Minimum wage. Notice periods. Workers.
The Chairman of the Commons Work and Pensions Select Committee, Labour MP Frank Field, has urged the government to ensure that these ‘gig economy workers’ receive the national minimum wage. The proposed national minimum standard (which would automatically extend to all workers in the gig economy) would prevent employment tribunals and HMRC from having to determine whether people are genuinely self-employed. Gig economy workers would be automatically entitled to rights such as an equivalent to the national minimum wage after accounting for costs such as car insurance and at least four week’s notice from an employer of an intention to change working patterns or withdraw work.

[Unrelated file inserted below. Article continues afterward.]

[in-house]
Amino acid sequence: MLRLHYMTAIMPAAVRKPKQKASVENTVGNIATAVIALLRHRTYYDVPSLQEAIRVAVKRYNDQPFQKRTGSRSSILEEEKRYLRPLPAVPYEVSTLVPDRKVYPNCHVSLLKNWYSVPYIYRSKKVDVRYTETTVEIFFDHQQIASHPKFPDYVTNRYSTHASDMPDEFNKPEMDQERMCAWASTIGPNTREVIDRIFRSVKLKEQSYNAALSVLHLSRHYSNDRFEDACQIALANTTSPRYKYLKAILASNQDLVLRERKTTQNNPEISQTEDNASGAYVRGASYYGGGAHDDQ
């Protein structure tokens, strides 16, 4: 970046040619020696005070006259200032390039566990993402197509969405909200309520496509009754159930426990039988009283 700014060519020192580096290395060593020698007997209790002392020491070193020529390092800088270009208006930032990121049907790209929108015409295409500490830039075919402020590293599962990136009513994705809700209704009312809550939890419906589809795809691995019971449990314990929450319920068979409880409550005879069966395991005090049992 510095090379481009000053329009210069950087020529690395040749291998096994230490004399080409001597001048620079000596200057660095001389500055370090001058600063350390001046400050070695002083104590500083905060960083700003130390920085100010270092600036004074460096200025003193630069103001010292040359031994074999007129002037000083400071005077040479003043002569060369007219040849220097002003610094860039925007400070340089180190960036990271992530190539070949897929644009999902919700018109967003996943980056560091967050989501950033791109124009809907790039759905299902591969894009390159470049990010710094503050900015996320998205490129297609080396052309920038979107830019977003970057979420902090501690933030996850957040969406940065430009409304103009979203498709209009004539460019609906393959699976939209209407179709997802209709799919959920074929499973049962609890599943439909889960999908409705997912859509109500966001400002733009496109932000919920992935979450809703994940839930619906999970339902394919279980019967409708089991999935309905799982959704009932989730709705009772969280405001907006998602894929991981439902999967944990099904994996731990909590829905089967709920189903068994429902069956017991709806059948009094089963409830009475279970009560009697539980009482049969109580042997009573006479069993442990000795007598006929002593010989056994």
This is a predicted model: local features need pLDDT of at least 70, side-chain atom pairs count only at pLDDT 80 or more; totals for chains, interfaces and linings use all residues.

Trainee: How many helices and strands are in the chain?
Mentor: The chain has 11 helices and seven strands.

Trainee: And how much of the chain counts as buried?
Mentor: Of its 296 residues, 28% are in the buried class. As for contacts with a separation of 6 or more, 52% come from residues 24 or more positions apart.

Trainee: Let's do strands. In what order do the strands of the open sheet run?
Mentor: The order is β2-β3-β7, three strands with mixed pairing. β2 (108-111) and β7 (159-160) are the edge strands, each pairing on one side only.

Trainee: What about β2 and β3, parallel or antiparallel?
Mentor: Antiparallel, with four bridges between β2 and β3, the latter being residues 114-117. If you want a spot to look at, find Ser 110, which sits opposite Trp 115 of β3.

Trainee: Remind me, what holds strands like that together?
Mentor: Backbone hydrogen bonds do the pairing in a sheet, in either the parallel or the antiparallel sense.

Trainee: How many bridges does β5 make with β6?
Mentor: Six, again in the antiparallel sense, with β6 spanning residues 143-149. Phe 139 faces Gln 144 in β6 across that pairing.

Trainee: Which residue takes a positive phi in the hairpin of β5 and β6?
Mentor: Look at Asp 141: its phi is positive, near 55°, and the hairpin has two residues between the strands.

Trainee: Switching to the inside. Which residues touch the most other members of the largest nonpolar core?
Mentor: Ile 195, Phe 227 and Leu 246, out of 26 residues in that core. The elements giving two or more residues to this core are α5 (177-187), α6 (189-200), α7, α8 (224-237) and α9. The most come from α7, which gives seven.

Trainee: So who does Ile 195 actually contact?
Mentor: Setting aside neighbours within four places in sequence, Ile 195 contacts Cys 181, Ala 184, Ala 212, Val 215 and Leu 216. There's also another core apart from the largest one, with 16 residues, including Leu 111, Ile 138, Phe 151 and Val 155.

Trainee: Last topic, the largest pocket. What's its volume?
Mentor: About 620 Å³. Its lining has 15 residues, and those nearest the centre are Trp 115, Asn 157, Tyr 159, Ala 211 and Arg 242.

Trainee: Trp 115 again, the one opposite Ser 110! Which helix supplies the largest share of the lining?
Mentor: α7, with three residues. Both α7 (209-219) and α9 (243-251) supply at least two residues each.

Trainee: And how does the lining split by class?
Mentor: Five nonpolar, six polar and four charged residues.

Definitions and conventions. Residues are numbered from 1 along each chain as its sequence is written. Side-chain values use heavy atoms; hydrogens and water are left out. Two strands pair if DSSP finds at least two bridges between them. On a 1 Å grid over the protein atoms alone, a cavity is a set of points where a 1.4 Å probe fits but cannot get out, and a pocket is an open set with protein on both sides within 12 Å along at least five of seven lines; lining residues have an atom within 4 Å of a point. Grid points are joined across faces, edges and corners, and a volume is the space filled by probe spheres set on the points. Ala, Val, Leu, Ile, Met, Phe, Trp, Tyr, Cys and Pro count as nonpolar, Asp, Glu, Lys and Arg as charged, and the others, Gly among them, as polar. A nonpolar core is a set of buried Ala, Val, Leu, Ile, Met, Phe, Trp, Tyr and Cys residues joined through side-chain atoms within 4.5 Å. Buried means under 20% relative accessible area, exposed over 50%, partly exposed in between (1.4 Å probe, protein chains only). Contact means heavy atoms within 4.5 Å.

This proposal comes amid recent decisions, which held that Uber drivers and cycle couriers (from the previous article) were workers as opposed to self-employed contractors. This proposal would ensure that these workers are entitled to the minimum wage, enable them to challenge intimidating working practices and receive four weeks’ notice before working patterns are changed or work is withdrawn.
It is likely this proposal will be challenged by the main gig economy companies, such as Uber and Hermes who have built their business models around self-employed contractors. These workers generally face a life of low pay, insecurity and exploitation and it is essential for this proposal to become law, to enable them to enjoy the basic employment rights.
For further information on National Minimum wage or employment status and self-employment please contact Joanna Alexiou on 020 3490 1475 or via email to firstname.lastname@example.org